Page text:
The news of Osama bin Laden’s demise has been a long time coming–so long in fact that it has taken some hours to sink in and become real. A decade can be a long time when you are grieving and angry and needful of closure. The scenes of jubilation that spread from ballpark to subway to the White House seemed like a movie in the wee hours of this morning, and while others will opine on the details of today’s momentous event, I find myself reflecting on the road that brought us here.
The seemingly endless–and hopeless–search for OBL had threatened to become our nation’s Moby Dick, an obsessive quest that destroys not only the prey but also the predator. Our collective unresolved need to “get” the man who ordered those planes to fly into our buildings quickly became a cancer that turned citizen against citizen, and provoked some of the harshest partisanship I have witnessed.
But now we have OBL, and it is an opportunity for us to prove ourselves as Americans. For those of us on the right, we should simply thank God for a CIA Director who took the time to develop the appropriate plan, a Secretary of Defense who lent him sufficient man and firepower, and a President who was decisive enough to pull the trigger at the right moment. This sort of leadership should not be parsed or resented. For their part, our fellow citizens on the left might consider giving up the relentless drumbeat of “war crimes” for those who did so much of the long and lonely work to make this possible. Even with the so-called “harsh” interrogation techniques used on Khalid Sheikh Mohammed, it took years to put together the pieces. How many honestly regret those techniques this morning, or that we had Guantanamo to house KSM and his colleagues for further reference?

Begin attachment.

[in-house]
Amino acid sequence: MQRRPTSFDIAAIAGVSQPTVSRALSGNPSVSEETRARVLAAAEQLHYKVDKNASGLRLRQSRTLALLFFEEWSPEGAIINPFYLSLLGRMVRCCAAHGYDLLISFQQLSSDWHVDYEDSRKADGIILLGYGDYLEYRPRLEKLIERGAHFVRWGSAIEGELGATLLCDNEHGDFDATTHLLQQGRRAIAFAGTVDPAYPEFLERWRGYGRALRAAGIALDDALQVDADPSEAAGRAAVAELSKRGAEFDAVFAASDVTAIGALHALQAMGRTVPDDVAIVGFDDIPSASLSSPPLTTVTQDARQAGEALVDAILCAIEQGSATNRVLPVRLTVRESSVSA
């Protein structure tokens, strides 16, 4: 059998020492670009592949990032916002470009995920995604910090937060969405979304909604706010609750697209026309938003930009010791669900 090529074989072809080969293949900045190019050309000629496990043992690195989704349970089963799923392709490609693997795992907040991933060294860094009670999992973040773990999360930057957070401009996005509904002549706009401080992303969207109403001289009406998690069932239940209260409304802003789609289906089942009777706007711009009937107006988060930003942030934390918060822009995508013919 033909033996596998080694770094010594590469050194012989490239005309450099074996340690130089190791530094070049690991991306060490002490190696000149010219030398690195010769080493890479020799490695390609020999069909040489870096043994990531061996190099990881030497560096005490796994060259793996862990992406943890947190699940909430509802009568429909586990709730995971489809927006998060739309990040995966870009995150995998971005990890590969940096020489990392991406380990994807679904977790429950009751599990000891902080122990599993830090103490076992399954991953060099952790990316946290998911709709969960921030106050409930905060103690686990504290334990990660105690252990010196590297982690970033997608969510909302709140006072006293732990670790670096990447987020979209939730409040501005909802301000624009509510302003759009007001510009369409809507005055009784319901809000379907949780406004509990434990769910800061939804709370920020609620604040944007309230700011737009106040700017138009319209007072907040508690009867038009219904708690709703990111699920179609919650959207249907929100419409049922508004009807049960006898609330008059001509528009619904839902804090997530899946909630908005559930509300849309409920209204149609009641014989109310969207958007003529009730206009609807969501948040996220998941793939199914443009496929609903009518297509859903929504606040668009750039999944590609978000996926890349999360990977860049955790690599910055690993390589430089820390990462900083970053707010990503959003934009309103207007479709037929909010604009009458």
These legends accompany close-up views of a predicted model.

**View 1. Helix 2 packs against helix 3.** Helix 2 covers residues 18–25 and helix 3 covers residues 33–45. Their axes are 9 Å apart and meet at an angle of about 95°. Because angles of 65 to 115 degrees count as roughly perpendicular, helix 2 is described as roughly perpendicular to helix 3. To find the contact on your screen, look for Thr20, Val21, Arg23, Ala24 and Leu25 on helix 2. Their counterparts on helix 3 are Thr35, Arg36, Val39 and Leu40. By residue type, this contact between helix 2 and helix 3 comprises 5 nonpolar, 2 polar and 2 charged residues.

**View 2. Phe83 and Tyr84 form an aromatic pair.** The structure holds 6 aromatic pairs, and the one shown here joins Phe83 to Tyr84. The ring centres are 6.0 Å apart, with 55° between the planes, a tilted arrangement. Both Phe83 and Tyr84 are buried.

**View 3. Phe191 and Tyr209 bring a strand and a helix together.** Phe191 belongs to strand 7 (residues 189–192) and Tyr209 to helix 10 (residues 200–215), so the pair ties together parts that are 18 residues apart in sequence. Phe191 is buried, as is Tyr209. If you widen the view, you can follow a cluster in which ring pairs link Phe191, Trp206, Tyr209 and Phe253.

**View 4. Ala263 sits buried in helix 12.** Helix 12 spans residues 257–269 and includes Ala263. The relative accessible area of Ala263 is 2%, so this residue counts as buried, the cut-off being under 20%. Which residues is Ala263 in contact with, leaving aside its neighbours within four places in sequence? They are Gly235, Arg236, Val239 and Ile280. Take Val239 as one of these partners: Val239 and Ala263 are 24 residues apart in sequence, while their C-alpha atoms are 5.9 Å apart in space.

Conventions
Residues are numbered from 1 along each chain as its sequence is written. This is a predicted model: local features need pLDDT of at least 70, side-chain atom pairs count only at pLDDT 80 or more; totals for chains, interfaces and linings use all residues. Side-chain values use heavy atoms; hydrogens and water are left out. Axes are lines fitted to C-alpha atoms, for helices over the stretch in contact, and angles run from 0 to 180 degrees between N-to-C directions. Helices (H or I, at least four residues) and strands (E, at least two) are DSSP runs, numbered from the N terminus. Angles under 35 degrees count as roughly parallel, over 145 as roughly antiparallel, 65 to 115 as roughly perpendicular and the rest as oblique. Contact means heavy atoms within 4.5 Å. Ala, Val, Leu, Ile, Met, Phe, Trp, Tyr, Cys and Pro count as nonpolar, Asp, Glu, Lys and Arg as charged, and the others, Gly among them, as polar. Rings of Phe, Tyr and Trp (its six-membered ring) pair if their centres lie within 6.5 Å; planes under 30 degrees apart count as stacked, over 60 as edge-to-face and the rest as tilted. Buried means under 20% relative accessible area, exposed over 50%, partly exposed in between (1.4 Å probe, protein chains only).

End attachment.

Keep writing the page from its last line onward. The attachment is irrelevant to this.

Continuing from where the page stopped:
If we on both sides can make these respective leaps we will truly have killed our white whale, and not annihilated ourselves in the process. This is not to say that we will be singing kumbaya together over the debt ceiling tomorrow, nor should we. But we will have met a great challenge, as so many generations of Americans have done, together. While the war may not be over, that would be a tremendous victory, and Osama bin Laden’s ultimate defeat.